The inevitable hardening of Egyptian attitudes will not just constitute an Israeli problem but will pose significant concerns for Israel's major ally: the United States. The old devil's bargain in which Washington relied on Cairo for support in its war and peacemaking policies, in exchange for giving Egypt a pass on how it is governed, is probably dead. And perhaps it's just as well. The Egyptian people deserve better, and that deal didn't produce a peaceful, stable and secure Middle East, anyway - just look around.
For Egyptians, who hunger for freedom and better governance, democracy will probably secure a brighter future. For America, Egyptian democracy, however welcome in principle, will significantly narrow the political space in which U.S. administrations operate in the region. On any number of fronts, a more representative Egypt will be far less forgiving and supportive of Washington. On U.S. efforts to contain Iran, on the Middle East peace process, on the battle against terrorism and Islamic radicalism - especially if Egypt's own Islamists are part of the new governing structure - there is a great deal of uncertainty about how much cooperation we can expect.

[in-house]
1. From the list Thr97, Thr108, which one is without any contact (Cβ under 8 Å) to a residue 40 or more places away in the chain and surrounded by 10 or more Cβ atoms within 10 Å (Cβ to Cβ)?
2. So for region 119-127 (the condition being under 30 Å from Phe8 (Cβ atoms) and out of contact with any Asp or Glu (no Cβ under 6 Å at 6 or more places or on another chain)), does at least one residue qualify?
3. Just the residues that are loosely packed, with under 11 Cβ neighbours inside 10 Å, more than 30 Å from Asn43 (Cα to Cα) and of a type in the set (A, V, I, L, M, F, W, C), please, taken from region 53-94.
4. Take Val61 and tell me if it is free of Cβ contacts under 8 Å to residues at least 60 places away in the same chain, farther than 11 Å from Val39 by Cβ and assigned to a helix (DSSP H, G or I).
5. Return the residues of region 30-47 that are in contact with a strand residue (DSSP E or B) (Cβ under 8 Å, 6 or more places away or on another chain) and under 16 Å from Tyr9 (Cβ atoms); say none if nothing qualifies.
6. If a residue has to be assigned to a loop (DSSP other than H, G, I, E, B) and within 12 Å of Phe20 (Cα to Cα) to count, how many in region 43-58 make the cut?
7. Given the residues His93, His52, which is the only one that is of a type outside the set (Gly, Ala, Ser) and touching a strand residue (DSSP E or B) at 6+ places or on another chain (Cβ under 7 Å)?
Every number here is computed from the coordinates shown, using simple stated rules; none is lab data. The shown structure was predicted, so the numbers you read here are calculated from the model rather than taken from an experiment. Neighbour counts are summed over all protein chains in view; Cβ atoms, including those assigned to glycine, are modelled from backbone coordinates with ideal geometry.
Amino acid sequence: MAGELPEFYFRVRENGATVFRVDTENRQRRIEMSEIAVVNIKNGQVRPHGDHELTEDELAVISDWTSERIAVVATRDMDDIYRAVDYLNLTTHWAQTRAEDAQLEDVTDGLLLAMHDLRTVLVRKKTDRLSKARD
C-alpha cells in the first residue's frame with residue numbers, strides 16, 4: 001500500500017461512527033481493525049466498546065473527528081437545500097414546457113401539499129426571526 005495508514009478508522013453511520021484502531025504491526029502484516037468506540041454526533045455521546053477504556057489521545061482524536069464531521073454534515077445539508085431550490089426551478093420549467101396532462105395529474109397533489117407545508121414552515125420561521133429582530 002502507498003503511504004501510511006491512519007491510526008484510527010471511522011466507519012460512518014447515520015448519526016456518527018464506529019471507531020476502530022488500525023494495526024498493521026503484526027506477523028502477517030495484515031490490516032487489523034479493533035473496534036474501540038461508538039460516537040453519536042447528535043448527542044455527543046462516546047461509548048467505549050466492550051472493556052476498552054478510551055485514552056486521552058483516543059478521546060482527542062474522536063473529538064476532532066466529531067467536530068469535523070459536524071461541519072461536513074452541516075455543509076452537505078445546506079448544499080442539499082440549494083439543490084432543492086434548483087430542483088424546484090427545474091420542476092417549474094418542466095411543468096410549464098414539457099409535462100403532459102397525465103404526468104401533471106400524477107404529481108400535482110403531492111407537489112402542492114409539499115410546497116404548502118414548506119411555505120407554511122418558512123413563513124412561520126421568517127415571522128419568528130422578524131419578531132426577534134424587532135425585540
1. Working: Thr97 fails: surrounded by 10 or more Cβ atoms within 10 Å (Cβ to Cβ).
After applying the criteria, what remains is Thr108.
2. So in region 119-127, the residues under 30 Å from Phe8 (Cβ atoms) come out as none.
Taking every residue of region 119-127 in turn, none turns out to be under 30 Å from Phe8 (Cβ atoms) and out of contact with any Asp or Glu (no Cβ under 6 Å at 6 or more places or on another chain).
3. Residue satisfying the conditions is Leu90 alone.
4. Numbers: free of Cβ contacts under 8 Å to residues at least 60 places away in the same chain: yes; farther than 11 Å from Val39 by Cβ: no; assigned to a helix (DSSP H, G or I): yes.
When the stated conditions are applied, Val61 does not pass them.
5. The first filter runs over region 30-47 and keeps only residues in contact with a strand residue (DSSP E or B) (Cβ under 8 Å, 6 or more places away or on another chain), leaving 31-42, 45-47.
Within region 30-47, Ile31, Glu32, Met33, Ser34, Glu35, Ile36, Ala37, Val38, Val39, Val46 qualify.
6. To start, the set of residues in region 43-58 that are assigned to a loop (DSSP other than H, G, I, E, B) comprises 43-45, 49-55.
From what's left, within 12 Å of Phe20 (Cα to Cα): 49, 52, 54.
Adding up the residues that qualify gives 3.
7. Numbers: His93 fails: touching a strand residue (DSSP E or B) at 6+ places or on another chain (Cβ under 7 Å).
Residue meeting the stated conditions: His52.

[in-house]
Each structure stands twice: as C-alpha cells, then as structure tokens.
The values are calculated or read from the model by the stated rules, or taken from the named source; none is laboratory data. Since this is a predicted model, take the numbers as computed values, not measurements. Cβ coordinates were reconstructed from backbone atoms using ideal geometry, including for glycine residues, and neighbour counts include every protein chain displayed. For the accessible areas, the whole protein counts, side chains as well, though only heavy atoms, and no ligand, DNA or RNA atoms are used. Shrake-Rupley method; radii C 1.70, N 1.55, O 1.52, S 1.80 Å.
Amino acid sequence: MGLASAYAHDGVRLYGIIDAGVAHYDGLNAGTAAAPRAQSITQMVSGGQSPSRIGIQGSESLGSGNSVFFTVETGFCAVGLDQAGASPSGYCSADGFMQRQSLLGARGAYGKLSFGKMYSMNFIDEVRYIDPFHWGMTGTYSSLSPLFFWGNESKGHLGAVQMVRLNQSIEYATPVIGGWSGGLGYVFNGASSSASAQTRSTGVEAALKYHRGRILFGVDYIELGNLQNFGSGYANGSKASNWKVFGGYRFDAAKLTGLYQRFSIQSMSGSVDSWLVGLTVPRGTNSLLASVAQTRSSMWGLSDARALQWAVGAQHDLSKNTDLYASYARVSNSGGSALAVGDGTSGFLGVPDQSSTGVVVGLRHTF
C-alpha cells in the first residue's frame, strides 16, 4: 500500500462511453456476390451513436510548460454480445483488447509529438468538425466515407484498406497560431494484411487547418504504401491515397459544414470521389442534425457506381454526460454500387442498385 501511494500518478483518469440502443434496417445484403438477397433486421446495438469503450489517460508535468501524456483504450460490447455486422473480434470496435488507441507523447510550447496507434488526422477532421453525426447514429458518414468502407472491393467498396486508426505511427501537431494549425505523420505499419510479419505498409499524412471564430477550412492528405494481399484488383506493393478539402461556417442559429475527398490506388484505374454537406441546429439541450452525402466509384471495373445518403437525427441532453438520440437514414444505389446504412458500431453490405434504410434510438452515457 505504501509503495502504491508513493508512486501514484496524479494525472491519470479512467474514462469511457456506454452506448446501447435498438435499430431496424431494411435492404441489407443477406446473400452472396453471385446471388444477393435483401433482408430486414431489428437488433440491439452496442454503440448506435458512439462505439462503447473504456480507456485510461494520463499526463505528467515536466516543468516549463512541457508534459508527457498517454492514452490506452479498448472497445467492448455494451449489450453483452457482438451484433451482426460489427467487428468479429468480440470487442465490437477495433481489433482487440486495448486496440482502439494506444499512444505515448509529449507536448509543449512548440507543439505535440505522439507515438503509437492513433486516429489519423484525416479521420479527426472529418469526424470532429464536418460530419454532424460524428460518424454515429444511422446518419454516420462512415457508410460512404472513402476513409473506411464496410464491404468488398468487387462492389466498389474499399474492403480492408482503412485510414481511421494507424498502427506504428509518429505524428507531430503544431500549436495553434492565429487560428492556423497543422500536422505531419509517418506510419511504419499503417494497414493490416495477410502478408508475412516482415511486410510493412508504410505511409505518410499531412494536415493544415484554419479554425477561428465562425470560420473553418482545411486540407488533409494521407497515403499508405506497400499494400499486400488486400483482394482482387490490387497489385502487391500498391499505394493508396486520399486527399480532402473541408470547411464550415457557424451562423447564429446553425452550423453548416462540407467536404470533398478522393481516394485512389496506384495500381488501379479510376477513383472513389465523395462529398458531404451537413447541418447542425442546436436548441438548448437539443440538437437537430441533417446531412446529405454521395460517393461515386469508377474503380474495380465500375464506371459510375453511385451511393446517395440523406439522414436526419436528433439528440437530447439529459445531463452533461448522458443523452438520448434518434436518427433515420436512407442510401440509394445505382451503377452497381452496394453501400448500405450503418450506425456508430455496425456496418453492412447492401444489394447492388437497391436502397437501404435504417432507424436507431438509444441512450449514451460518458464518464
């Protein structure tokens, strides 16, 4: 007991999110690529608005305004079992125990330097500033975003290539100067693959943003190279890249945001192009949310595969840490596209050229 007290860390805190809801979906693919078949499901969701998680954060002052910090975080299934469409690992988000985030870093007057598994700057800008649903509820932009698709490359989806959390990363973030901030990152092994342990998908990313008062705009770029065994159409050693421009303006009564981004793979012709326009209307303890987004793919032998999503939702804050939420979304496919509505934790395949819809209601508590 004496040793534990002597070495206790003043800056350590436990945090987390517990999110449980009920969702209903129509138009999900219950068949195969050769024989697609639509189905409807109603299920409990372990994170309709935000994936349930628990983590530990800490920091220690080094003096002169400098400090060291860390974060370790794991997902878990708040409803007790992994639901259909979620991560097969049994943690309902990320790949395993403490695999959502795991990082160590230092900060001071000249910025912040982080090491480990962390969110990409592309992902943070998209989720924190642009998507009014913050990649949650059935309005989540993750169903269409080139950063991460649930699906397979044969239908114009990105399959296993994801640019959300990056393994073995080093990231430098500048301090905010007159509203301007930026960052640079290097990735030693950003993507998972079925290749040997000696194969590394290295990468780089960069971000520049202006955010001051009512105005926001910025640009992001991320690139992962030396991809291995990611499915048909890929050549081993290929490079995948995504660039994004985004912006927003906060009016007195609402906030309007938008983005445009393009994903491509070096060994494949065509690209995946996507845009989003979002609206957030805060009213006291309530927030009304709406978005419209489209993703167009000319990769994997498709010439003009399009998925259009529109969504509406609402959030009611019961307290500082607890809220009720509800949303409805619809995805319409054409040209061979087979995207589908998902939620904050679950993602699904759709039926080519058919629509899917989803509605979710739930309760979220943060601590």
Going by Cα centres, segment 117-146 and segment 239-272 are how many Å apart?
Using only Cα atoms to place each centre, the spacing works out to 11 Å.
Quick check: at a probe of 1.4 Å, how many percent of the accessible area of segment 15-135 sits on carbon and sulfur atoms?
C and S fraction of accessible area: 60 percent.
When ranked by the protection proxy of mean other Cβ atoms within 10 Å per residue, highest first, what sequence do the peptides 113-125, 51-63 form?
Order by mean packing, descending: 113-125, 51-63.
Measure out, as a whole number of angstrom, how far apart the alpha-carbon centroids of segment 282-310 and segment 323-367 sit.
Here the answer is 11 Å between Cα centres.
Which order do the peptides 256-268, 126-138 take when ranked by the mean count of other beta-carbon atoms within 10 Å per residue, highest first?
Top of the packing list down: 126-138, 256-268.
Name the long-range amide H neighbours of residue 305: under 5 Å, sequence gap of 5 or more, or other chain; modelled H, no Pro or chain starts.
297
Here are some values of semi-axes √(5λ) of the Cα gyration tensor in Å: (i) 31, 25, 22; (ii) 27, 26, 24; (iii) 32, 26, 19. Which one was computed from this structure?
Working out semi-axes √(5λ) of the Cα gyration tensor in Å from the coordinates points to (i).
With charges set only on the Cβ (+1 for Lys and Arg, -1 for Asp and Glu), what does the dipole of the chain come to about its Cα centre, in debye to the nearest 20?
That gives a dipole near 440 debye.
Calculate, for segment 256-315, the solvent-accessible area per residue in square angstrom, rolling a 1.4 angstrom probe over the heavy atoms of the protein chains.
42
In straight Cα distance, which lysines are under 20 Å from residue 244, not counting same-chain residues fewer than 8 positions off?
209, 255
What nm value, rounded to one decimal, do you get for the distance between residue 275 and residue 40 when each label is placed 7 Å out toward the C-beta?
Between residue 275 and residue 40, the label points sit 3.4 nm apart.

The irony is that the challenges a new Egypt will pose to America and Israel won't come from the worst-case scenarios imagined by frantic policymakers and intelligence analysts - an extremist Muslim takeover, an abrogation of peace treaties, the closing of the Suez Canal - but from the very values of participatory government and free speech that free societies so cherish. In a more open Egypt, diverse voices reflecting Islamist currents and secular nationalists will be louder. And by definition, these voices will be more critical of America and Israel.
Sunday, February 6, 2011
A More Open Egypt That Is Also More Critical of Israel and America
A Jewish-American Middle East advisor, Aaron David Miller, writes about why even a fairly moderate democratic Egypt will prove to be a problem for both Israel and America, and why the Obama administration is probably not very anxious to move too fast in that direction: